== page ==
When choosing a game to run, it's essential to remember games have categories too. Categories structure and define runs with set rules to produce the same end goals. Games can have many categories, each housing its rulesets, and leaderboards. Some of the most popular categories consist of any%, 100%, glitchless, new game (NG), and new game+ (NG+).

A New Game run consists of beating a game as fast as possible without other requirements, but you're not allowed any powerups or unique items from previous completed games/runs; this is similar to an Any% run. In New Game+, you are allowed extra items, features, or powers from previously beaten games.

Within the spectrum of a 100% run, you are to complete the game with everything the game has to offer; this category will have specifics on what deems it to be 100%. Glitchless categories consist of beating games without the use of glitches. This category can allow minor glitches at times if they don't affect the game detrimentally, so be sure to check up on the rules. Some categories are even segmental to games, such as individual levels having runs of their own; there are more, but these are the most popular, which should need mentioning.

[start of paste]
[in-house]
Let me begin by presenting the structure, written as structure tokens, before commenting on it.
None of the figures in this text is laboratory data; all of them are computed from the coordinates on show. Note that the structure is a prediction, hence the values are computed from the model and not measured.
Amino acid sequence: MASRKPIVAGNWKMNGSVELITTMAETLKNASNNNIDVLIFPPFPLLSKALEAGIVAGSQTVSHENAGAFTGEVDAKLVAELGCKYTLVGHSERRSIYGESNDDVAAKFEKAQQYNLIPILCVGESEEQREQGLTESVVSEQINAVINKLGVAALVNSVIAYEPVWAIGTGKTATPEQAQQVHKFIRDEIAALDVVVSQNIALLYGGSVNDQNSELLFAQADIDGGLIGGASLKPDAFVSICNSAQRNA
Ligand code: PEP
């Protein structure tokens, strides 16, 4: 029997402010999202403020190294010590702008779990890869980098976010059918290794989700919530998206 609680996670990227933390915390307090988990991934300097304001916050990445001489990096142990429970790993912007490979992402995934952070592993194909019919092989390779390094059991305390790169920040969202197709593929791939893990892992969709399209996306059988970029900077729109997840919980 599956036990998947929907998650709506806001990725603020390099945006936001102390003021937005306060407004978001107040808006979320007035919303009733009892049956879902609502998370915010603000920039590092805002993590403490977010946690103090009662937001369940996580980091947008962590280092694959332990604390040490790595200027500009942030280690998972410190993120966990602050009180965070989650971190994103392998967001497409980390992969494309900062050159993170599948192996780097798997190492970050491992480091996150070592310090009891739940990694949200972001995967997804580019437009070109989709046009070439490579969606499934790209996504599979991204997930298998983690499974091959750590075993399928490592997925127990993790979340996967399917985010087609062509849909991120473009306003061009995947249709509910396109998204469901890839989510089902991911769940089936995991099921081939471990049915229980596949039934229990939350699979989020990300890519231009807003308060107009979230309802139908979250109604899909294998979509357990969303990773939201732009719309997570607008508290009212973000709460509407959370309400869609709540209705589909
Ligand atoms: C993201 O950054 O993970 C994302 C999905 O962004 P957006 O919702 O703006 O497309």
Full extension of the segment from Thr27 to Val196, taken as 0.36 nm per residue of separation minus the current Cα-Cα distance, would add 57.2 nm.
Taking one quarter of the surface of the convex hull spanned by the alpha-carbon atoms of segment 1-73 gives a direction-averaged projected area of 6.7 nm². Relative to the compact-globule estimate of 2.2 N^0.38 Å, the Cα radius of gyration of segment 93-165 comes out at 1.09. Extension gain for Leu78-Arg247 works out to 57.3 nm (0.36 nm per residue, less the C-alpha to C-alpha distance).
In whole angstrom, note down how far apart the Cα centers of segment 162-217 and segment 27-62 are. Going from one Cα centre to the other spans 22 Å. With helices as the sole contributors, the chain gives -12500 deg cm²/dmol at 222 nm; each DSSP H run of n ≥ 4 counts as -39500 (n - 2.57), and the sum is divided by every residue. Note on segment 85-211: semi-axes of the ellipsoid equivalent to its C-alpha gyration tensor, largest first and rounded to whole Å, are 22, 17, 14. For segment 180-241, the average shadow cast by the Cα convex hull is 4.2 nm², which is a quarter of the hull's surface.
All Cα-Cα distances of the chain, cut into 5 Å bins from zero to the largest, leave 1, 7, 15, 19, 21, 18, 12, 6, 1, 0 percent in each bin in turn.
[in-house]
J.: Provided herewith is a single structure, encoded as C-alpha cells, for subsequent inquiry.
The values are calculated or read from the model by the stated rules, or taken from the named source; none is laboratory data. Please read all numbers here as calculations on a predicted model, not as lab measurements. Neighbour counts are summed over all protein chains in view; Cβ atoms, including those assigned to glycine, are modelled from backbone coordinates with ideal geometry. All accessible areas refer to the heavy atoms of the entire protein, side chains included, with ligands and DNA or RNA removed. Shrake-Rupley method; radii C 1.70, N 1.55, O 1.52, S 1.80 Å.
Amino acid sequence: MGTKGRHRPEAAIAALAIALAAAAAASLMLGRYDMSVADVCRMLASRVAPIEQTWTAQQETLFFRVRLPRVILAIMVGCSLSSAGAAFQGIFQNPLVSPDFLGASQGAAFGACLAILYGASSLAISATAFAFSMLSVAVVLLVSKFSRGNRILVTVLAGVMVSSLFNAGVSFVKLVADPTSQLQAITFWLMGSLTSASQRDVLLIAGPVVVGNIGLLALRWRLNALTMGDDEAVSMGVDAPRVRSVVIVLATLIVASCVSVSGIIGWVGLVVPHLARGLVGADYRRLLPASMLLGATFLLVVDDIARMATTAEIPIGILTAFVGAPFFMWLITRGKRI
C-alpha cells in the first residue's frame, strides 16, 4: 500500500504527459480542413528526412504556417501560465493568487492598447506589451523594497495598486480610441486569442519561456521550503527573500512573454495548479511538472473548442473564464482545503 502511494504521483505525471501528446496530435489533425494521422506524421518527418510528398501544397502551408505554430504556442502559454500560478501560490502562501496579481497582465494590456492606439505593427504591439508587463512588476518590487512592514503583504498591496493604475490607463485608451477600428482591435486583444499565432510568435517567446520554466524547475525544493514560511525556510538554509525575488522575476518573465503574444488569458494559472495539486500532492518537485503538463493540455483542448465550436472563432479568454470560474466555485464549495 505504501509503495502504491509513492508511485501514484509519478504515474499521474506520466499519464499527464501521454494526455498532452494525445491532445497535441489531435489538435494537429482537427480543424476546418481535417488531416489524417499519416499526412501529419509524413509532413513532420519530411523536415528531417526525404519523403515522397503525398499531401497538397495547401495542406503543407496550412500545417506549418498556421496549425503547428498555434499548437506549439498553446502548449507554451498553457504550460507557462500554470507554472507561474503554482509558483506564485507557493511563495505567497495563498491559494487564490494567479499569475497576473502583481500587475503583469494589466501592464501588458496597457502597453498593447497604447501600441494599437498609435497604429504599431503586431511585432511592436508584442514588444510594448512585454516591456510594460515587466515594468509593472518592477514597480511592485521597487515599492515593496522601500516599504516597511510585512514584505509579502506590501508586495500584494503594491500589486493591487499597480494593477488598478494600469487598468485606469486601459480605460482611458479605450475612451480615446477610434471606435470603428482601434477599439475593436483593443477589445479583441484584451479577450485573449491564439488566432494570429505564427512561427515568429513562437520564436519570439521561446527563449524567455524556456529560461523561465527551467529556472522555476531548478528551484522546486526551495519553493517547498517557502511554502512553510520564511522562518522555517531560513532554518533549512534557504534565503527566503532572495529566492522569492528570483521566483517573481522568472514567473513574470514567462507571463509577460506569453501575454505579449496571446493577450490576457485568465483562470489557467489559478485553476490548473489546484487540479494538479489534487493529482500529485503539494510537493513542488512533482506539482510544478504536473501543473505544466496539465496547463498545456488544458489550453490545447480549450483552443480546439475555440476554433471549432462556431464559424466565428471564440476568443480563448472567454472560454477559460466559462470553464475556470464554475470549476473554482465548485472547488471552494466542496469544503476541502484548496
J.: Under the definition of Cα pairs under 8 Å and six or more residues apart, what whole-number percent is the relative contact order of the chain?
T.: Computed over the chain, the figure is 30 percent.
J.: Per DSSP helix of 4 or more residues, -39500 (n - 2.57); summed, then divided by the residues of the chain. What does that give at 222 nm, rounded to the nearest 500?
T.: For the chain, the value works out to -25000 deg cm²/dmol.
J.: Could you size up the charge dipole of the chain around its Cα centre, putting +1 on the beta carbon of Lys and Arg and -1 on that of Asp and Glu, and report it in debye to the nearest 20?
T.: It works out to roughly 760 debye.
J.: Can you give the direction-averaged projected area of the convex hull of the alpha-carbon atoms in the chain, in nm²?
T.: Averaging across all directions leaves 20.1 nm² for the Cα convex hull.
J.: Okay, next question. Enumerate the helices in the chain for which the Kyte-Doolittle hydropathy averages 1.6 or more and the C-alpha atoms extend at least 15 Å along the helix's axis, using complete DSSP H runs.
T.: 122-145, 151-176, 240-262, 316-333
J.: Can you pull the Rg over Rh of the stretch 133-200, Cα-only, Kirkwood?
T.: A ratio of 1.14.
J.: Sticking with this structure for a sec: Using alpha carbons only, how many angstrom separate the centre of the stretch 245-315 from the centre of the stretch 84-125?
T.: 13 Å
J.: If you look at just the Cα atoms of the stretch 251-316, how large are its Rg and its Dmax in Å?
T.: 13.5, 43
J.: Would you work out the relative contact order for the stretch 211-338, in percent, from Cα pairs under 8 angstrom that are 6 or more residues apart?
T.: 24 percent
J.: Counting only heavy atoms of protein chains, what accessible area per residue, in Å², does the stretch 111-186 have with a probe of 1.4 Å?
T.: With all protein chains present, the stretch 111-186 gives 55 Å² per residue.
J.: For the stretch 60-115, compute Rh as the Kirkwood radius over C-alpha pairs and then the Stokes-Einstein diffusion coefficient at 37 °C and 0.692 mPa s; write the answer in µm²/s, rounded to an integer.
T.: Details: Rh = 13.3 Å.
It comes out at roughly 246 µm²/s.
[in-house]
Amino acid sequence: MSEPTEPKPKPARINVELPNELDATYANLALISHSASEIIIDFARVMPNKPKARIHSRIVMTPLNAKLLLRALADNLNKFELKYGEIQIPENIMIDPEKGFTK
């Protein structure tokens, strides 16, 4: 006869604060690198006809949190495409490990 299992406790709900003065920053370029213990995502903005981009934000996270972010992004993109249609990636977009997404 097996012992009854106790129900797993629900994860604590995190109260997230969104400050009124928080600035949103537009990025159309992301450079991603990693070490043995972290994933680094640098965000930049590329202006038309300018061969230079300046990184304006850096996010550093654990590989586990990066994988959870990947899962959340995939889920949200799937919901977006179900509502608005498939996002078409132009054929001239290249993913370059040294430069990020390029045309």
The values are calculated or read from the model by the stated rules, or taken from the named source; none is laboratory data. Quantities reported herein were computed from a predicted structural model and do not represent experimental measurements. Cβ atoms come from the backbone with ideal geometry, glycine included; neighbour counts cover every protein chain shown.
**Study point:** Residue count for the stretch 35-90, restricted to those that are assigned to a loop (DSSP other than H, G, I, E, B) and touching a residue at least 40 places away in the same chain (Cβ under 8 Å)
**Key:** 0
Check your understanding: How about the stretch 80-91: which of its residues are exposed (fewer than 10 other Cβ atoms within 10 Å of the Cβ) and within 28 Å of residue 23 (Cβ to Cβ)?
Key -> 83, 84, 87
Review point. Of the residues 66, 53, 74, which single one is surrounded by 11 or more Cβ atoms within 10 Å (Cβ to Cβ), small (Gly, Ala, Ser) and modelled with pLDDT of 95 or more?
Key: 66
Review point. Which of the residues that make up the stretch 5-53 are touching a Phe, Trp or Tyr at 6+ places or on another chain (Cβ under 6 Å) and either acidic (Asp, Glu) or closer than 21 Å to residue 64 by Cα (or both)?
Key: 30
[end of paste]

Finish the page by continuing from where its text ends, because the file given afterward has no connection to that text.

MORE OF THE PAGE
Games under different categories have set rules for timing too. You can't simply have a stopwatch for most categories and click "go/stop." However, this is true on rare occasions. When it comes to timing, programs like Livesplit are designed for speedrunning. For how games/runs are timed, you can find them under the rules tab on This tab breaks down each set rule for the said category when timing your game and any limitations like FPS caps (frames per second), emulation setups when running emulated speedruns, and more.